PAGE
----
The U.S. and the E.U. a month ago firmly opposed an independence bid for the Republika Srpska.
Talks over the final status of Kosovo are in progress in Vienna. There are genuine differences over details like divisions of property and internal debt. There are also deep differences over the big issue of whether Kosovo should have greater autonomy within Serbia, which is the Serbian position, or full independence, which is Kosovo's position. The U.N. official leading the talks seems to favor Kosovo's position.
Belgrade's platform for the upcoming Kosovo status talks envisions broad, internationally guaranteed autonomy for the province as an alternative to full independence. . . . Serbia favours an international agreement with Pristina, for a term of 20 years. Such an agreement would be signed by the UN and Serbia . . . . Kosovo would have a constitution and independent jurisdiction in most areas. However, Belgrade would retain jurisdiction in foreign policy, border control, human rights protection, monetary and customs policy and the protection of religious and cultural heritage. Kosovo would have full financial autonomy. It would conduct its public finance policy independently, with the possibility of taking out loans with international financial institutions and acquiring direct foreign investments.
The Kosovo Albanian side, however, has said it will not settle for anything short of full independence. . . . . "If Serbia continues to be destructive, the international community has another option, under which it will simply proclaim Kosovo an independent and sovereign state," Berisha told Radio Free Europe.
UN deputy envoy Albert Rohan, who has been chairing the direct talks, has said Belgrade is advocating "unrealistic positions", although he also called on the Kosovo Albanian side to show more flexibility.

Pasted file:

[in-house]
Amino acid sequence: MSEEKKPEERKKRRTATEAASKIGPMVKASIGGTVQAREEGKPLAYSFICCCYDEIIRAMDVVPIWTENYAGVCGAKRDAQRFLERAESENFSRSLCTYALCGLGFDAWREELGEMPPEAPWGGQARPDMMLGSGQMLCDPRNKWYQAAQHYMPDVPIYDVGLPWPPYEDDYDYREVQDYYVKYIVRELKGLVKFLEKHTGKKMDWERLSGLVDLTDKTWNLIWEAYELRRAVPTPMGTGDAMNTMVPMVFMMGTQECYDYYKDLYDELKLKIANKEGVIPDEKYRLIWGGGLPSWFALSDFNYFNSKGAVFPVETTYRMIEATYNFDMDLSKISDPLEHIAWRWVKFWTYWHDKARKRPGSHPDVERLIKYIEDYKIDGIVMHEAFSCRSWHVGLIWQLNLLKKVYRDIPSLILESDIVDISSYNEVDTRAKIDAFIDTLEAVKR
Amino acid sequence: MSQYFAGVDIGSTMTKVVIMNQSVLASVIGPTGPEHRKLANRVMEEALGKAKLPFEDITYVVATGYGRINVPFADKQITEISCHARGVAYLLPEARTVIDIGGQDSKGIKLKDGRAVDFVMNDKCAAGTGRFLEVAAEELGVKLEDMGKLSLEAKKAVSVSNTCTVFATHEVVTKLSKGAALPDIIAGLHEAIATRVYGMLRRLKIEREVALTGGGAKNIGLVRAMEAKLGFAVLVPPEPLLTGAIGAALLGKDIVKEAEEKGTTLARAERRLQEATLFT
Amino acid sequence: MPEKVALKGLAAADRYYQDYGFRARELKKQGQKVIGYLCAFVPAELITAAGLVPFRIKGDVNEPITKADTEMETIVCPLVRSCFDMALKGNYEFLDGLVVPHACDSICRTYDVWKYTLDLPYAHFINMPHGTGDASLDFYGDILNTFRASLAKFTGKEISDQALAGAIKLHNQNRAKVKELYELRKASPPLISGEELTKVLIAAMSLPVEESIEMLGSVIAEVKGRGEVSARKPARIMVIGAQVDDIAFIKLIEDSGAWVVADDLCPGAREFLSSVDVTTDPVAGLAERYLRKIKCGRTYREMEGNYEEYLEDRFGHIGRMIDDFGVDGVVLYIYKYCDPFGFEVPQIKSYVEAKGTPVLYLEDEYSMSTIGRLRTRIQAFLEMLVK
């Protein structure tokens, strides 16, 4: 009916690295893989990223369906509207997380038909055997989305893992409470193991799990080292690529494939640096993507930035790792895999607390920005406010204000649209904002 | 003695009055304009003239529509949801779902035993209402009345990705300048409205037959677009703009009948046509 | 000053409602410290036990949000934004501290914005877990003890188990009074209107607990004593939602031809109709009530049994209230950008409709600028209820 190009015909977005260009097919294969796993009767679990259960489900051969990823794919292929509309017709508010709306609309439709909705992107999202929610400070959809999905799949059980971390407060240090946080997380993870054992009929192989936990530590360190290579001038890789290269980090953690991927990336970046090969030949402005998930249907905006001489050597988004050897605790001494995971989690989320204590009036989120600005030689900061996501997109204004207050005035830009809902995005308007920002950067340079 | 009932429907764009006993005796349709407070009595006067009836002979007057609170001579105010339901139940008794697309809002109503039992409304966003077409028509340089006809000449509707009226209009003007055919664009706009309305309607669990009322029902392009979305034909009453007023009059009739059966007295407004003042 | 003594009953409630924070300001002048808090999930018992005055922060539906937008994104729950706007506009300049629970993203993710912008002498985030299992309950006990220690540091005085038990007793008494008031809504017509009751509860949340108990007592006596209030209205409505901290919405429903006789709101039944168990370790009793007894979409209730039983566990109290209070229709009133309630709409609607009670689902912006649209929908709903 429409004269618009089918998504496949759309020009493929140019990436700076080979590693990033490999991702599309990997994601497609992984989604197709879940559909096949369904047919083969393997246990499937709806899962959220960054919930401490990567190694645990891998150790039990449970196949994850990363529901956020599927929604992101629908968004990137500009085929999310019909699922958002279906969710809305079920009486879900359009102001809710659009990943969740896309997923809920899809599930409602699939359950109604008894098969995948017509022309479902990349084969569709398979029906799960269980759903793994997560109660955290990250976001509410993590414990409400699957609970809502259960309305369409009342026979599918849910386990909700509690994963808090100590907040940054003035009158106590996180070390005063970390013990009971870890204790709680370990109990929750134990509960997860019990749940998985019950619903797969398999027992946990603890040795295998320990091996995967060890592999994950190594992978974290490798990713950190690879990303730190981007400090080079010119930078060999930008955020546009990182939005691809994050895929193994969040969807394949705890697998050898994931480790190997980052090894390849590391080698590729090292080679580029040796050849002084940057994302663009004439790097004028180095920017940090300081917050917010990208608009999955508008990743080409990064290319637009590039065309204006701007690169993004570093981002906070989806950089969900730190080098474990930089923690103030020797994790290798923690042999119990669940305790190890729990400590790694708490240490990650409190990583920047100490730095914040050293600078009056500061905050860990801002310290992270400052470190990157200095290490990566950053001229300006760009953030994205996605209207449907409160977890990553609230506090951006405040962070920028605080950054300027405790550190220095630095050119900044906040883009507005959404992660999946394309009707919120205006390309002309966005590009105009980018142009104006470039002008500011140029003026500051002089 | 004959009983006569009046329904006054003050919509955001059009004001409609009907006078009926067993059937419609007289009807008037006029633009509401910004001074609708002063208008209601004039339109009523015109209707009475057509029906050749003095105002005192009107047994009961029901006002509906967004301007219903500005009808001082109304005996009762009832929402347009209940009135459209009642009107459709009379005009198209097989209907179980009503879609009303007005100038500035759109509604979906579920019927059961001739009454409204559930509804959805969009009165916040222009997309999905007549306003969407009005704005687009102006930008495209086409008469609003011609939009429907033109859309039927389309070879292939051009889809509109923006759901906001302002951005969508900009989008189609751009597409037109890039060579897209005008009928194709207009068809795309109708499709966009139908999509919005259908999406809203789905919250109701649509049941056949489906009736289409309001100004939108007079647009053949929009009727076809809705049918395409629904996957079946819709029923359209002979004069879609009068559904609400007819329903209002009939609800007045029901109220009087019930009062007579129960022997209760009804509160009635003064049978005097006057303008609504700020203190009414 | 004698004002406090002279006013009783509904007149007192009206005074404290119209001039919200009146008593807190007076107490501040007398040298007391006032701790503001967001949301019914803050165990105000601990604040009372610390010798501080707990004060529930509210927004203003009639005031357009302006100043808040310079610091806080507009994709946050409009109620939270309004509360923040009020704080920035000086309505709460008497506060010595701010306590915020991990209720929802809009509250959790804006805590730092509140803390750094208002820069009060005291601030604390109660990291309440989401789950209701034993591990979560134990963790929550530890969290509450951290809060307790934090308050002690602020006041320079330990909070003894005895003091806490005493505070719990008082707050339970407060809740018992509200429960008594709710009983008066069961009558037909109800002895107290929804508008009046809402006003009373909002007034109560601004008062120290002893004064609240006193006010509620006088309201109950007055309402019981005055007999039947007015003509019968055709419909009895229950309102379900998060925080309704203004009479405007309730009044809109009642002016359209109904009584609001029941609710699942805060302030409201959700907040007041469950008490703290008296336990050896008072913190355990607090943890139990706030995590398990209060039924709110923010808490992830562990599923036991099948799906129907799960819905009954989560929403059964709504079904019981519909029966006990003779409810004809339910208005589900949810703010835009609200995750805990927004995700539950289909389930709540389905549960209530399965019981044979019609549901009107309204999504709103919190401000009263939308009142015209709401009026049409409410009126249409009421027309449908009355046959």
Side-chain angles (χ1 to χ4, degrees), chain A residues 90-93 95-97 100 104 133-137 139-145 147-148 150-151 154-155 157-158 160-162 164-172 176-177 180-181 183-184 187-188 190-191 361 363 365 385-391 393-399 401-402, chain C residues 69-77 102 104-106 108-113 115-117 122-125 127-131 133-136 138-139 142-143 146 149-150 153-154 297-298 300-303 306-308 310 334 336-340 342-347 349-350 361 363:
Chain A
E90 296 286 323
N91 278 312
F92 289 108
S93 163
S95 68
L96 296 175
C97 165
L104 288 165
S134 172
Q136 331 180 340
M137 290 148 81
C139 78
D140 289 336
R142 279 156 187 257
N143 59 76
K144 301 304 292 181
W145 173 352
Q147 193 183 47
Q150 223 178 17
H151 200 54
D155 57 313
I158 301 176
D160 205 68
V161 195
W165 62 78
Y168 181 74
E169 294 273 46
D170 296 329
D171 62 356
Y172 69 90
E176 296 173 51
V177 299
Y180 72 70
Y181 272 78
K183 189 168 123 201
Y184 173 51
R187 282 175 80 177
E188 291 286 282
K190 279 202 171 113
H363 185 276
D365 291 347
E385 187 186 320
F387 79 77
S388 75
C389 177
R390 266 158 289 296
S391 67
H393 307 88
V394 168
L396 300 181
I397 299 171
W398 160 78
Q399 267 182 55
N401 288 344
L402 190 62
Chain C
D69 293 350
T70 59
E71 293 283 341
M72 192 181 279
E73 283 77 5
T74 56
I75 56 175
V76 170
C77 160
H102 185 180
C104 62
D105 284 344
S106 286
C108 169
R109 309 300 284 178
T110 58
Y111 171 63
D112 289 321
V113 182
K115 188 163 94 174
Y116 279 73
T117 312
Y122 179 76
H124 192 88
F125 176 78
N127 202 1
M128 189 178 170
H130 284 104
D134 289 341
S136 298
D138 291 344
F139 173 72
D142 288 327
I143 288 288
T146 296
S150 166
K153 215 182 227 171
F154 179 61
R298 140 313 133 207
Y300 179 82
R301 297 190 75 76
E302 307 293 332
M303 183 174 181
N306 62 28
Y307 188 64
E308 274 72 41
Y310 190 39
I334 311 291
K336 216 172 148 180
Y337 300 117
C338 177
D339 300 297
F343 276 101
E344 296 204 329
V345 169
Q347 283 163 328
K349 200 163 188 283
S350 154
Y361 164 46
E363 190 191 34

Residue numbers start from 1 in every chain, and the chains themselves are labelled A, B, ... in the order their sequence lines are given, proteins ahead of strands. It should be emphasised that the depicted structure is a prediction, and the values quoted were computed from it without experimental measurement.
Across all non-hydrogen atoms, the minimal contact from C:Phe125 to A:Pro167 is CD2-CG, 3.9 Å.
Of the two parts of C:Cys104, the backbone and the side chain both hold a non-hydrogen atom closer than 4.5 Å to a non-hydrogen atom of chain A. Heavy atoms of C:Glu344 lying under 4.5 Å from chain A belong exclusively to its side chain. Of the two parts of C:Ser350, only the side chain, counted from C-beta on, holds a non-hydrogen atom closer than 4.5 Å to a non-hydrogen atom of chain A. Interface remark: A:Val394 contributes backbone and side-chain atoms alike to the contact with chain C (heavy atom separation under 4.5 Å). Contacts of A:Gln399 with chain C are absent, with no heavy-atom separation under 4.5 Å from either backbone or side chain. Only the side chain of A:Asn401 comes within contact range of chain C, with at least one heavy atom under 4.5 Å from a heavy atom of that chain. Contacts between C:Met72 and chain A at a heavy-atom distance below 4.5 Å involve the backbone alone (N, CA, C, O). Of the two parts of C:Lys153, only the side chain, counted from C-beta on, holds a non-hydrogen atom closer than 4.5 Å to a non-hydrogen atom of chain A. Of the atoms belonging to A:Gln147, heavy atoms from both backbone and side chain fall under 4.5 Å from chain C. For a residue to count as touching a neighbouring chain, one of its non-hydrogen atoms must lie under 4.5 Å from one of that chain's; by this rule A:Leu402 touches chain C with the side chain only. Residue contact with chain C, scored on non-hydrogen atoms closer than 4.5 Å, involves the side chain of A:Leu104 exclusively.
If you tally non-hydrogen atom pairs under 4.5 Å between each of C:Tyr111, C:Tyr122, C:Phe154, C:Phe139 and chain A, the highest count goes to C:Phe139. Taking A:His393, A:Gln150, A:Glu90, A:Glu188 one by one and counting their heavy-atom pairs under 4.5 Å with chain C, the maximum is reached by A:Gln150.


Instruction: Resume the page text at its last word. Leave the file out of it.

Ahtisaari has said he expects discussions on the status issue to begin in mid-July.
NATO has committed to backing up any U.N. decision.
It looks like the U.N. will be pushing hard for Kosovo's independence, if ratified in a referrendum whose outcome is largely a foregone conclusion. But, the U.N. will also likely push to have independence for Kosovo limited by provisions of Kosovo's own constitution and/or international treaties with Serbia, which would provide the human rights protections and protections for cultural and religious heritage which Serbia has sought to retain jurisdiction over in an autonomous state (the flexibility referred to by the U.N. representative), but not foreign policy, currency or border control for Serbia.
Simply put, the rest of the world righly believes, given Serbia's recent history, that it can't be trusts to have authority over Kosovo and is in no position to claim the high ground on human rights.
International opposition to Kosovo's independence is not really true opposition to the idea of an independent Kosovo, but the fact that the international community has pushed hard and continued to do so to obtain Serbian consent is really a reflection of concern about opening up the can of worms associated with the notion of unilateral declarations of independence by a portion of an existing sovereign state.
If Kosovo and East Timor can have internationally recognized independence, why not Transdniestria, and South Ossetia? Why not the Republika Srpska? Why not Iraqi Kurdistan and Iraqi Sumer? Why not Islamic Northern Nigeria? Why not Chechnyia and Abkhazia? Why not Aceh? Why not Northern Ireland and Scotland? Why not Quebec? Why not Taiwan? Why not Palestine? Why not Kashmir? Why not Tibet? Why not the interior of Columbia? Why not Southern Sudan?
The better share of civil wars in the world are independence struggles, and an international precedent of a right to unilateral self-determination who give hope for international support to all of them. The hope of the U.N. negotiator is that this could be distinguished because it would involve consent of the sovereign state giving up the territory, and that Serbia might give consent because it is effectively a defeated part in an international war (which put NATO in Kosovo) and because it might face harsh international sanctions if it insisted on continuing an undemocratic rule of Kosovo. If this strategy works, the Vienna talks will have effectively put of the question of when unilateral self-determination is valid to another day. But, ultimately, leaving that question unresolved, as this choice does, also fosters war, but leaving no clear yardstick to determine whose self-determination bids are valid, and whose are not.